- Criminal/judicial records of any arrest or conviction anywhere, even if you have completed your sentence or were pardoned later.
You should consider providing additional documents, based on the purpose of your trip. If you´re visiting relatives bring documents that prove your relative's status (for example green Card, valid visa, etc.) If you have previously been in the United States, bring the documents that prove your immigration or visa status.
Documents for Applicants Seeking Medical Care
If you wish to travel to the United States for medical treatment, you must be prepared to submit the following documentation, in addition to the documents listed above and those the consular officer may need:
- A diagnosis of a local doctor explaining the nature of your medical condition and why it requires treatment in the United States.
- A letter from a physician or medical center in the United States stating the willingness to treat that specific condition and detailing the estimated time and cost of treatment (including medical fees, hospitalization costs, and medical expenses in general).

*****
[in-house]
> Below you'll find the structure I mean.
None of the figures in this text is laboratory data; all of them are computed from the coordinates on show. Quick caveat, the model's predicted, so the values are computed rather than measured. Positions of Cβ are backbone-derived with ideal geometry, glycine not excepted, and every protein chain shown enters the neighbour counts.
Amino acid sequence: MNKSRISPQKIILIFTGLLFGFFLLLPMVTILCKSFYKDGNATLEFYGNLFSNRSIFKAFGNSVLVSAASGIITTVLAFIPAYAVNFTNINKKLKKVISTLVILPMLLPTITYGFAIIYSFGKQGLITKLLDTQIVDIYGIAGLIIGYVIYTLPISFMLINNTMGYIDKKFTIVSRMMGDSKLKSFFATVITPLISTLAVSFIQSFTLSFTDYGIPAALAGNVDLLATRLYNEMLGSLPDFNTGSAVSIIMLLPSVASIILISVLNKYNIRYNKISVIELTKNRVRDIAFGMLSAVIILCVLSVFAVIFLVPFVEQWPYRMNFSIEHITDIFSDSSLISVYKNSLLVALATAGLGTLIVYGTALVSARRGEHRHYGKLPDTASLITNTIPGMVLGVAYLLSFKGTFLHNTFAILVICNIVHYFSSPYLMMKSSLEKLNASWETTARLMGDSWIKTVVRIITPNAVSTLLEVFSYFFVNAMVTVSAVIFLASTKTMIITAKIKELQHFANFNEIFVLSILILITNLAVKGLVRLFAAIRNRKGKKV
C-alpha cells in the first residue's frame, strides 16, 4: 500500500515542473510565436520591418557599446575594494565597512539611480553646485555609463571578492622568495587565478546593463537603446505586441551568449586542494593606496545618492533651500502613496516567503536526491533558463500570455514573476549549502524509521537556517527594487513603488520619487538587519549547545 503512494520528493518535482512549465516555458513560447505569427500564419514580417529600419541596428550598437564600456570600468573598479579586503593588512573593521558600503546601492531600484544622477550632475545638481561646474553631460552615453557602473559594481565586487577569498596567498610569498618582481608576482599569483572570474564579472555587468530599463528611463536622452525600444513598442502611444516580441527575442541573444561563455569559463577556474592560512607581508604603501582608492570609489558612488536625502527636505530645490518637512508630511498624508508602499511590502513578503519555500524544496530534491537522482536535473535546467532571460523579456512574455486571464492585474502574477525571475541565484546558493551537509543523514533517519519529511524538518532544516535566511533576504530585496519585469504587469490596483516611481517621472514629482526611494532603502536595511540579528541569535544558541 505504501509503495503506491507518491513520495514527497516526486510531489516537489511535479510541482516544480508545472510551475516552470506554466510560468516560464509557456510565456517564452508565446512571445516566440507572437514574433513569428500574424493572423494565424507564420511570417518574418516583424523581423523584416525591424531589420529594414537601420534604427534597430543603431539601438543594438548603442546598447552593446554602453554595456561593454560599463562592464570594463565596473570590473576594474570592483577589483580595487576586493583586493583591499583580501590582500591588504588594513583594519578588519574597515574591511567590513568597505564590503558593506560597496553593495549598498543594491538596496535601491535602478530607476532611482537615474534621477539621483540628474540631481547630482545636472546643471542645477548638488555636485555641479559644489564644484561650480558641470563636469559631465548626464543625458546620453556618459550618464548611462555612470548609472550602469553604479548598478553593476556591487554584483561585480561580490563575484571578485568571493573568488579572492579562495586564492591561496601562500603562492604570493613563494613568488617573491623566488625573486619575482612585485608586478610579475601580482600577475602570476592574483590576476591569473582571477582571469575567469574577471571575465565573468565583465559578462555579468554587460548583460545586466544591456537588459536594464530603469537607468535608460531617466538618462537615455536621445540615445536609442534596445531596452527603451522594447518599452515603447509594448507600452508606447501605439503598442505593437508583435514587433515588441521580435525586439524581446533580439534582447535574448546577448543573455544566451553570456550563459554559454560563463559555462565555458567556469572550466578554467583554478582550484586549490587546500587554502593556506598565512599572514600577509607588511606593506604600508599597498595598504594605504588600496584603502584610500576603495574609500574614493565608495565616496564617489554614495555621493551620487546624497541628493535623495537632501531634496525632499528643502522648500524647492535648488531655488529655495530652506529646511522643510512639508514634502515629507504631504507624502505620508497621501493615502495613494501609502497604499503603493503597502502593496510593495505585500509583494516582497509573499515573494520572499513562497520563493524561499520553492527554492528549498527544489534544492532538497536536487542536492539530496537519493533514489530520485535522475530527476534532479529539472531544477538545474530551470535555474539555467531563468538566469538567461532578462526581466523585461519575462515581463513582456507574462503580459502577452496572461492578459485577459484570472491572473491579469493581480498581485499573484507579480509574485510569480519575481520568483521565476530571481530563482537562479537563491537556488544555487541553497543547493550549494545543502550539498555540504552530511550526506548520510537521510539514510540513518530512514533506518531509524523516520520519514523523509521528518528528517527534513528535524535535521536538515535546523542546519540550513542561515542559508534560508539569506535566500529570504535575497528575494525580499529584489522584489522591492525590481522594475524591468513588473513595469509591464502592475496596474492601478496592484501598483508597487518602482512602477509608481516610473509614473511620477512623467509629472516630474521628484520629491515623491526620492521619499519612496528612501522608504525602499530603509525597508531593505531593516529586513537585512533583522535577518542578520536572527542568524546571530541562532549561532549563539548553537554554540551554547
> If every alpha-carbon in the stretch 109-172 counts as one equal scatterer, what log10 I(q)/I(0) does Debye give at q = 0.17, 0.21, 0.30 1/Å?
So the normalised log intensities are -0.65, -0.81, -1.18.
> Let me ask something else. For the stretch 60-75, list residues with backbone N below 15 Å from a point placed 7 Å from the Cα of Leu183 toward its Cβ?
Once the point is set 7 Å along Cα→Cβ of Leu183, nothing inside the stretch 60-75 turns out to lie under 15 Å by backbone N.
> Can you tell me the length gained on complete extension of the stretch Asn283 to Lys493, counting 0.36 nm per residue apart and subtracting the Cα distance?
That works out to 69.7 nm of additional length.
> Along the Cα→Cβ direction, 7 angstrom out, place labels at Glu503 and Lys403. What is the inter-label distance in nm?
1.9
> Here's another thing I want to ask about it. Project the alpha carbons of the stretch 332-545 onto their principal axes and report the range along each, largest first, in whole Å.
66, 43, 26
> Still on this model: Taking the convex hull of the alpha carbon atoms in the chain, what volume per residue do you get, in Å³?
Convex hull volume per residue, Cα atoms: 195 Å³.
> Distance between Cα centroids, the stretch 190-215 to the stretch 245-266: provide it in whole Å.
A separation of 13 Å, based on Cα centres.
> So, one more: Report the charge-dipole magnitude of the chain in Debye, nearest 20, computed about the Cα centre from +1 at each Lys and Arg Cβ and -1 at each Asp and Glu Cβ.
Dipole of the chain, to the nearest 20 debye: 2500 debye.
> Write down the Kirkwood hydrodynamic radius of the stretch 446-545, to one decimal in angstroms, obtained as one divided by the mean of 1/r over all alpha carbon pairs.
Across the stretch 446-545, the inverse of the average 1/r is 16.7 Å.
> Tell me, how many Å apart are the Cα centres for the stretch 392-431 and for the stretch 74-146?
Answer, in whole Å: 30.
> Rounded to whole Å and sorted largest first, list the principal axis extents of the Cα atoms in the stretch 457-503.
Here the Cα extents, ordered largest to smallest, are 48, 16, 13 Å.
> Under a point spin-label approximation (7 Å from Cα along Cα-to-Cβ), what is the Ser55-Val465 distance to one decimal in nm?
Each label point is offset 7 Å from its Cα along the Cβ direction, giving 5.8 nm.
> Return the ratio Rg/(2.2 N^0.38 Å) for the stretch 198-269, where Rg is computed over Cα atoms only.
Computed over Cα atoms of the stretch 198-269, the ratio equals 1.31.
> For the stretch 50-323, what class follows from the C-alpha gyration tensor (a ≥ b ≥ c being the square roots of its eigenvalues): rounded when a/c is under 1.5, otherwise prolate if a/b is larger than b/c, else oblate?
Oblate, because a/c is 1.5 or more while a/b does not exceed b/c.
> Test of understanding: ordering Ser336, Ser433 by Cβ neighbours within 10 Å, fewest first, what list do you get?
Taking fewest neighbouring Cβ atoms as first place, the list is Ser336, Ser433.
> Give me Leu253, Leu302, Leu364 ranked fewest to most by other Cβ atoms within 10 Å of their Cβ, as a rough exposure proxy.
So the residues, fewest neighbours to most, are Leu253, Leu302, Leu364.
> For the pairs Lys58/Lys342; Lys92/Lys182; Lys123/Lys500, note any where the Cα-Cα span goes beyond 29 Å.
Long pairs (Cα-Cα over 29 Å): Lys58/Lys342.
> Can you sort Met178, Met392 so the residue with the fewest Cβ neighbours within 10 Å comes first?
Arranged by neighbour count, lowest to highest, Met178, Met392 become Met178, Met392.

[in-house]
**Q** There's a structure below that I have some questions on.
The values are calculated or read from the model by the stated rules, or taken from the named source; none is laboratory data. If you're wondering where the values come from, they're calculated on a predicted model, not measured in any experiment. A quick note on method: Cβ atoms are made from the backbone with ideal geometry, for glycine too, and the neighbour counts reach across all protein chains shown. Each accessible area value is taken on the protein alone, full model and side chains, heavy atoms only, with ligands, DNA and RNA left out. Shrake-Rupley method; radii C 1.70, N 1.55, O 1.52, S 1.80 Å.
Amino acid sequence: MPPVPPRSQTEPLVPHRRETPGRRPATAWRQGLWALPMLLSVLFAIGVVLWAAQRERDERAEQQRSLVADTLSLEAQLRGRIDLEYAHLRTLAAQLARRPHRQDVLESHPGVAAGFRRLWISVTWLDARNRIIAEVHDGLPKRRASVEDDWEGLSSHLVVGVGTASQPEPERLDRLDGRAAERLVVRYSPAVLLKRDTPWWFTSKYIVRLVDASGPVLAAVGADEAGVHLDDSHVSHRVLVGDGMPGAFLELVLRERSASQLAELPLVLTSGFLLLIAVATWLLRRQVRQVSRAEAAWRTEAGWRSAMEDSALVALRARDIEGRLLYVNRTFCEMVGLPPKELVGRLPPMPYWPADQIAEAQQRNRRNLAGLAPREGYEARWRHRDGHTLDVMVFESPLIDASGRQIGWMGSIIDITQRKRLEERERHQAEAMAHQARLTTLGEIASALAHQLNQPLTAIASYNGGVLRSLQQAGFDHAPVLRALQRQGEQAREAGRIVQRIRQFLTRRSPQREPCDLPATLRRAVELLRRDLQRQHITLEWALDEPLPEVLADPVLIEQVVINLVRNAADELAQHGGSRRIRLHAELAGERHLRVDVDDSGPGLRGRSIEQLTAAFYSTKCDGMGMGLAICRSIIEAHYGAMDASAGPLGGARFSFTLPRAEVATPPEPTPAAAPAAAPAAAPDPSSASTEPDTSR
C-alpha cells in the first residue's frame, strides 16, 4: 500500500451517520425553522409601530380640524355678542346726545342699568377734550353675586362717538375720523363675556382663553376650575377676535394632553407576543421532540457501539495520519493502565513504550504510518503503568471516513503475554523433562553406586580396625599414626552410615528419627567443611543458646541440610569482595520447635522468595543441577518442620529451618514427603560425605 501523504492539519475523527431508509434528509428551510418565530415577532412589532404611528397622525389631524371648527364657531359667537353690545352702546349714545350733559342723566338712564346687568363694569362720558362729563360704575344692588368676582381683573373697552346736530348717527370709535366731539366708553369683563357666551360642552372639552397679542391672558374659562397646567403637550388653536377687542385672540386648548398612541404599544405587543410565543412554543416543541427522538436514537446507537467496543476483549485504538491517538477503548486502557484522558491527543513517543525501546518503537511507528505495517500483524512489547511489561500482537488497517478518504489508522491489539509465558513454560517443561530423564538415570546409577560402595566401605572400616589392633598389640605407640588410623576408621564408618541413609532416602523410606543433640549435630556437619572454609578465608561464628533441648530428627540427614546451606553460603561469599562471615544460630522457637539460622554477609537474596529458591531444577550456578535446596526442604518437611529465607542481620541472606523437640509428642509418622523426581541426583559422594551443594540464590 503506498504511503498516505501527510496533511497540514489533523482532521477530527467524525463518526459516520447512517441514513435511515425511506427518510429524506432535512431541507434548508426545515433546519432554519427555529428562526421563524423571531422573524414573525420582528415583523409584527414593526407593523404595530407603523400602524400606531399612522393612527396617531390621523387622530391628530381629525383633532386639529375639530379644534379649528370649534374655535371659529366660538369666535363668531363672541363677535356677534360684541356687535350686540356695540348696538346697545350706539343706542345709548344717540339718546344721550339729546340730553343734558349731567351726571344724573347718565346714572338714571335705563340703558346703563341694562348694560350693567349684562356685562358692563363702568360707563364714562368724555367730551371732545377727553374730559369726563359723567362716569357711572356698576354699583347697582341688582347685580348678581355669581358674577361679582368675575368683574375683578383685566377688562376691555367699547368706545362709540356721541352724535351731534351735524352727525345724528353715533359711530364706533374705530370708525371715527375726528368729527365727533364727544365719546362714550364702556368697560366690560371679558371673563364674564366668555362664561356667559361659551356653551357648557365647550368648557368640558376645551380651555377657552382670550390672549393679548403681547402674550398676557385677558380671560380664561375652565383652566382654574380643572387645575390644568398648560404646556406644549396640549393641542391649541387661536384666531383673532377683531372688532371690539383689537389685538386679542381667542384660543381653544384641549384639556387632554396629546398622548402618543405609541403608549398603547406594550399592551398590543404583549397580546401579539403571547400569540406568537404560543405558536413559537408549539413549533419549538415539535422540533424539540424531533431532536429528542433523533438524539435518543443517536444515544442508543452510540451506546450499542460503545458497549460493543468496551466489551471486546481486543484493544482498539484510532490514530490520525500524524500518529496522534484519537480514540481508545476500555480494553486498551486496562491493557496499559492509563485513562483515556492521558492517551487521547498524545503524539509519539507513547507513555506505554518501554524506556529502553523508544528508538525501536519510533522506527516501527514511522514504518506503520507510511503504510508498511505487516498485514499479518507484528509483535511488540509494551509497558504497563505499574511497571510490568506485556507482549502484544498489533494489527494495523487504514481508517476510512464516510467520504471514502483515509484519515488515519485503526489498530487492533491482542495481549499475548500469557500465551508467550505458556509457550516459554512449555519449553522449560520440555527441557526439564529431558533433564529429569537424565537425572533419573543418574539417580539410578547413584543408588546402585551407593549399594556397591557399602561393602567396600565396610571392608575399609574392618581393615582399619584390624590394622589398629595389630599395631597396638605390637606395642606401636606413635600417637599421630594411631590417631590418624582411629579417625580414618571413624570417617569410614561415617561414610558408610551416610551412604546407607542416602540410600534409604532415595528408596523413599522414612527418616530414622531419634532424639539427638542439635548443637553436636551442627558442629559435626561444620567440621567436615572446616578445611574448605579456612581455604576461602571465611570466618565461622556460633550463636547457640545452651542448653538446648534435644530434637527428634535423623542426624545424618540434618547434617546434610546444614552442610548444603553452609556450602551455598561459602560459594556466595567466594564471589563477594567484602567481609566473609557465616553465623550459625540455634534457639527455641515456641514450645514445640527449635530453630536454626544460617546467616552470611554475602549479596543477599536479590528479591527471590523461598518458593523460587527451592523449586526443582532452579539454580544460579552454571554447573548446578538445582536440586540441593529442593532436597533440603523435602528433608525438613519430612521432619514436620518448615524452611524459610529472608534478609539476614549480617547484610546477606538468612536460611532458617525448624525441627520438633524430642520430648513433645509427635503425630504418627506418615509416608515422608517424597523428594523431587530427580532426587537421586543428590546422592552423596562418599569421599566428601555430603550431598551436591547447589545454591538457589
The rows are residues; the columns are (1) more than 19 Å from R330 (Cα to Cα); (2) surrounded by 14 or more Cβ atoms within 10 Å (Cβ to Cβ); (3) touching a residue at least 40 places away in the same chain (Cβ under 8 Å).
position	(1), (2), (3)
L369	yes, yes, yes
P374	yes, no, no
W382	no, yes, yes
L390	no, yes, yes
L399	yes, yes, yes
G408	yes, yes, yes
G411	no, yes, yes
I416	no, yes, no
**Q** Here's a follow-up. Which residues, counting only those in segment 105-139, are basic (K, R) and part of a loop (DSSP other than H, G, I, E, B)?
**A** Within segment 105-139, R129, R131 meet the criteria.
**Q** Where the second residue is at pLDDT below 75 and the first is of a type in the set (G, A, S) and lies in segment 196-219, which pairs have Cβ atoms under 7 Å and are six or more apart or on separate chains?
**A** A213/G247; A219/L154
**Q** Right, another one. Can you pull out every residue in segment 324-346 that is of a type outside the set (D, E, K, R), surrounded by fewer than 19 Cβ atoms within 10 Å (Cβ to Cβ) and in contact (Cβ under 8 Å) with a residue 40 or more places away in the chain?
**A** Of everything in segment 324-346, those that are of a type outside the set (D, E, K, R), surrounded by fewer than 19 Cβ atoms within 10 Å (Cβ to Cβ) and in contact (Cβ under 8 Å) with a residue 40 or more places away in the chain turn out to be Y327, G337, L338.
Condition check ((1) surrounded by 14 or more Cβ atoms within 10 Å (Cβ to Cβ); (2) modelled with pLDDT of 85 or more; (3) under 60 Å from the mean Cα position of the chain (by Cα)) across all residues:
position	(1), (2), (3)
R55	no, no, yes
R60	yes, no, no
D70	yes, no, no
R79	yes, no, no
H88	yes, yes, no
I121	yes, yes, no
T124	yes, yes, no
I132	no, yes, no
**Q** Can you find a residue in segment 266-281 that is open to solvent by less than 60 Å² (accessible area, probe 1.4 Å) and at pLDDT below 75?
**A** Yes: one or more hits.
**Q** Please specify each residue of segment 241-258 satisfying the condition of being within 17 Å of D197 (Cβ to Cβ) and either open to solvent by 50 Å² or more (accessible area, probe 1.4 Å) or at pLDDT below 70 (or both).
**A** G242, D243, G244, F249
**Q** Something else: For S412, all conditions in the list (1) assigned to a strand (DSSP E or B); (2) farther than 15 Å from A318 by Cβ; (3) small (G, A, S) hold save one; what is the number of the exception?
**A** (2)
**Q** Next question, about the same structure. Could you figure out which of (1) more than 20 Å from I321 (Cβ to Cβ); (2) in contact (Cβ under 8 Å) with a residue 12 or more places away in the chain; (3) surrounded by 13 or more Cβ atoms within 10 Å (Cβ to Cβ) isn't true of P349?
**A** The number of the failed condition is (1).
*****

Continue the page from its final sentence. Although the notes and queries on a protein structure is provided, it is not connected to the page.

- A statement of financial responsibility from an individual or an organization that will pay for transportation, medical and general expenses. Those who guarantee the payment of these expenses must provide evidence of their ability to do so, usually through bank statements or other income/savings statements, or certified copies of tax returns.
Although the rates are specified in US dollars, you must make the payment in local currency. You can pay the fee at any Banco Nacional agency. Children must pay the same rate.